The Cayenne is Porsche’s larger mid-size luxury SUV. For its third generation, the self-described “sports car for five” has gotten lighter, faster, and more performance-inclined to distinguish itself from external competitors and similar internal competitors like the Audi Q8 and the Porsche Macan S.
The Good: Porsche designed it. Quick for an SUV. Excellent balance and low center of gravity. Responsive steering. Intuitive transmission. Notably comfortable front seats.
Who It’s For: Affluent SUV buyers who want Porsche cachet and performance. Perhaps a one-car Porsche enthusiast whose kids have outgrown the 911’s rear seat.
Watch Out For: Engine noise underwhelms. Standard suspension feels tight. The option tree gets pricey and borderline exploitative.
Alternatives: Other high-end European performance geared SUVs in this general price range include:
Range Rover Sport ($67,050, base)
Audi Q8 ($67,400, base)
BMW X5 ($60,700, base)
Review: The thing about driving a Porsche around Napa for a day is you can’t describe it as work. Social mores mandate at least a knowing smirk when you say that. We all know why. Porsche means premium, precisely engineered, and damn near perfect. When Porsche needed to redefine the Cayenne for its third generation (and differentiate it from its Audi Q8 cousin using the same MLB platform and engine) the answer was to play up just how much of a Porsche this midsize SUV is.
Porsche made the Cayenne more athletic. The SUV has gotten lighter (down 120lbs) from the last generation. The new 3.0L Turbo V6 in the base model generates more power (+35hp) and torque (37lb-ft) than the last model. Getting lighter, more powerful, and having the driving dynamics improved makes it faster. Every iteration of the Cayenne will do 0-60mph in under six seconds.
Porsche wants the Cayenne to look more like a Porsche. Truth be told, it looks similar to Gen 2. But, Porsche wants the wide shoulders to remind you of the 911’s characteristic, much fawned over back end. The new Cayenne also incorporates a number of performance features from other Porsches. It has staggered front and rear wheels, replacing the predecessor’s square alignment. It can be fitted with rear axle steering and launch control. The Cayenne will be the first Porsche fitted with proprietary Porsche Surface Coated Brakes (PSCB). These deliver most of the benefits of ceramics, cost much less, and leave a boss mirror finish.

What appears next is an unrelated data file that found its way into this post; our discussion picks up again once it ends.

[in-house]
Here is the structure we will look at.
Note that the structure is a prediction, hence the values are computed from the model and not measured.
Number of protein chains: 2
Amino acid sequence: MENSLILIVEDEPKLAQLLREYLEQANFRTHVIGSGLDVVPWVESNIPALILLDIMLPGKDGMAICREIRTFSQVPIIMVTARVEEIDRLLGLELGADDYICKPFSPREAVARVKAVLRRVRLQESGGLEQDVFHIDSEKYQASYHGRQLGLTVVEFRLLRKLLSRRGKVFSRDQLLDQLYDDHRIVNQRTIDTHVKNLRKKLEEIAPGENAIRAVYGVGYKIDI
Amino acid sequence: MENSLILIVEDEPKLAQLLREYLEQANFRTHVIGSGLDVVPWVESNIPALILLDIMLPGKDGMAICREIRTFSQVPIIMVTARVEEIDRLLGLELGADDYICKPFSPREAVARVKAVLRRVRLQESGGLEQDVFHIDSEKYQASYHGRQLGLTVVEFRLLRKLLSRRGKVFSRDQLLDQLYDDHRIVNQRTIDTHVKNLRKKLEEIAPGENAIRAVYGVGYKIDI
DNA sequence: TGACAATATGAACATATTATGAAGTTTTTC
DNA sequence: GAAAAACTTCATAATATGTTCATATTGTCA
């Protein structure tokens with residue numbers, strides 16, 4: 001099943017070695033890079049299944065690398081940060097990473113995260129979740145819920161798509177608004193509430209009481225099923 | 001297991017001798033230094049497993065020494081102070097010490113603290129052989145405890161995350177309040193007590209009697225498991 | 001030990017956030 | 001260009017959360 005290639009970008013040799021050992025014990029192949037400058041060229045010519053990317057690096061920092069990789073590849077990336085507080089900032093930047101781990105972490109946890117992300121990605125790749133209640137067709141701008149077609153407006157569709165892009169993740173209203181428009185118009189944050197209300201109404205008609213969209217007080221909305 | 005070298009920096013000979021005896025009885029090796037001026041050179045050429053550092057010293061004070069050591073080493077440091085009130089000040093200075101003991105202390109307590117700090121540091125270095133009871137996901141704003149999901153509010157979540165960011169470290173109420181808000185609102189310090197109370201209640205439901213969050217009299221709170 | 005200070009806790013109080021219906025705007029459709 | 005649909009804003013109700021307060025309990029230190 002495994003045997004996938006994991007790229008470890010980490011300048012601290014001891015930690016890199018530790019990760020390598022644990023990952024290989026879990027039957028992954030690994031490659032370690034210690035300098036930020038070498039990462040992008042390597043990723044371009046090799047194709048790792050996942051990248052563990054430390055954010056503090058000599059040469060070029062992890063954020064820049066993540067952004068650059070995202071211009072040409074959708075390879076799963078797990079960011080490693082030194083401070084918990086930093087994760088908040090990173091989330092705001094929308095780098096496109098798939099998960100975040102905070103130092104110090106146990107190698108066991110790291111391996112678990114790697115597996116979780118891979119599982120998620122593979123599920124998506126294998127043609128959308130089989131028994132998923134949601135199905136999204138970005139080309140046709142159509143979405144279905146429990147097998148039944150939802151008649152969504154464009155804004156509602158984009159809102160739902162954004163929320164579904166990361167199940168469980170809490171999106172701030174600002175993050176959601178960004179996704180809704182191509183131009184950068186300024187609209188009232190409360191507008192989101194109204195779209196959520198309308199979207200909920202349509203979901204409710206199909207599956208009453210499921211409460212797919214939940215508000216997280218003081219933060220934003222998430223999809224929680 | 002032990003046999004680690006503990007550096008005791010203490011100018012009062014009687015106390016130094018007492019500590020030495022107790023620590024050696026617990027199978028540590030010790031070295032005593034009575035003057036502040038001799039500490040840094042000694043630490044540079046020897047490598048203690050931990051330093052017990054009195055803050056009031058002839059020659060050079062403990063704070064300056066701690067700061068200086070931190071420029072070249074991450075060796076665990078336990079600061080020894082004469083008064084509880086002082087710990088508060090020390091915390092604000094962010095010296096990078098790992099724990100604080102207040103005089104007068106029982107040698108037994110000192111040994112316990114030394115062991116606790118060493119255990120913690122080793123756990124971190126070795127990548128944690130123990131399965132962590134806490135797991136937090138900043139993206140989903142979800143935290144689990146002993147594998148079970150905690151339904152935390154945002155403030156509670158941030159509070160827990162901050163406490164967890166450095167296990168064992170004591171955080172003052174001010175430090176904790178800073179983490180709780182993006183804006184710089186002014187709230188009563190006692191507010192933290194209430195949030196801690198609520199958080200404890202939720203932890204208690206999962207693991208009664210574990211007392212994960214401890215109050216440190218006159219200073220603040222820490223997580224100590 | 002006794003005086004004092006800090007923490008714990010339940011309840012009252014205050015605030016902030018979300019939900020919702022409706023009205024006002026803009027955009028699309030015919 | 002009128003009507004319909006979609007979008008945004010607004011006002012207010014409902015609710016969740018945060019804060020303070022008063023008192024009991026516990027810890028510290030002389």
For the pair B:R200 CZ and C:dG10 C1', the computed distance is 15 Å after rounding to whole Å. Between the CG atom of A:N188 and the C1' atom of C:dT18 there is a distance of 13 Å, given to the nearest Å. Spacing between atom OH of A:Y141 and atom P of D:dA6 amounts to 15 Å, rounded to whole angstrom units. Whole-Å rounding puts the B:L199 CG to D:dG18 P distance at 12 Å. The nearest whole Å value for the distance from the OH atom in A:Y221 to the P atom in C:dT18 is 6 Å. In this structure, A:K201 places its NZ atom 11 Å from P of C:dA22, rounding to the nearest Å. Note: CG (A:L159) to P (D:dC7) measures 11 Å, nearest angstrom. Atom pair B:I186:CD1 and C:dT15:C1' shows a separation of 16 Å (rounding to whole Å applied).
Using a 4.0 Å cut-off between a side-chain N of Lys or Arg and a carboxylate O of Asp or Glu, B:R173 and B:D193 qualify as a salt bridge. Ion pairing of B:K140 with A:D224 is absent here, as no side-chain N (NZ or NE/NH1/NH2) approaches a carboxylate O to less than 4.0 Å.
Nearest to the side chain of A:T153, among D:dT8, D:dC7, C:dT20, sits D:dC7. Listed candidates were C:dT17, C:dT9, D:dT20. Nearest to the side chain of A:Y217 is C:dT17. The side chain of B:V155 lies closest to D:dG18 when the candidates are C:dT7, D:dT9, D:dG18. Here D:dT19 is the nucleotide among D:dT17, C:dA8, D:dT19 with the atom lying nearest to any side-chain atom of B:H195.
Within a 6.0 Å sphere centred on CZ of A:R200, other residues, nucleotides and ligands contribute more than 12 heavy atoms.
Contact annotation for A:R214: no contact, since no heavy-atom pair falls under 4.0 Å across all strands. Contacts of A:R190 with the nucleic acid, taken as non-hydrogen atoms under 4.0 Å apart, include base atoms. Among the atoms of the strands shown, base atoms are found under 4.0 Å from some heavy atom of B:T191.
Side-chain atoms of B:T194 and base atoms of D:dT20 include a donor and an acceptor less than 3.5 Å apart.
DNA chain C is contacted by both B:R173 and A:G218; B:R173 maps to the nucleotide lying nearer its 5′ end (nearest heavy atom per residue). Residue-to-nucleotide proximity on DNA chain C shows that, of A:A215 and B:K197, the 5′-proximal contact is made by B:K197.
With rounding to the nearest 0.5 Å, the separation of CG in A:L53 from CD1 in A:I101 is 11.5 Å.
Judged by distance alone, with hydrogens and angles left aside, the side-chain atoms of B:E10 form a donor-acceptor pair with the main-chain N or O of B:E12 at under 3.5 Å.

Upping the Porsche quotient (surprise, surprise) produces an engaging SUV to drive. The Cayenne is quick. It is well-balanced. The steering is responsive. It has a low center of gravity and an impressive amount of grip. The transmission intuits what the driver wants seamlessly. It’s a keen corner taker. It behaves when bottled up behind a Subaru on a two-line highway. About the only criticism is the engine note which was either too mild or too mild to puncture the noise canceling glass.
Rest assured. Porsche did not go full-on “SAV” here. The Cayenne is still an SUV. The grab bag of Porsche sports car features available did not include the PDK transmission, because Porsche believes its 8-Speed Tiptronic is better for off-roading and towing. The Cayenne has multiple off-road terrain settings. The closest we got to testing them was ducking into a scenic roadside lookout for pictures.
The Adaptive Air Suspension is worth the expense. The standard one felt very tight and unforgiving on our morning tester with 21-inch wheels. The air suspension gives a smoother and more composed ride. Even when the car is being pushed, the copilot can settle into a notably comfy front seat for a post-lunch snooze.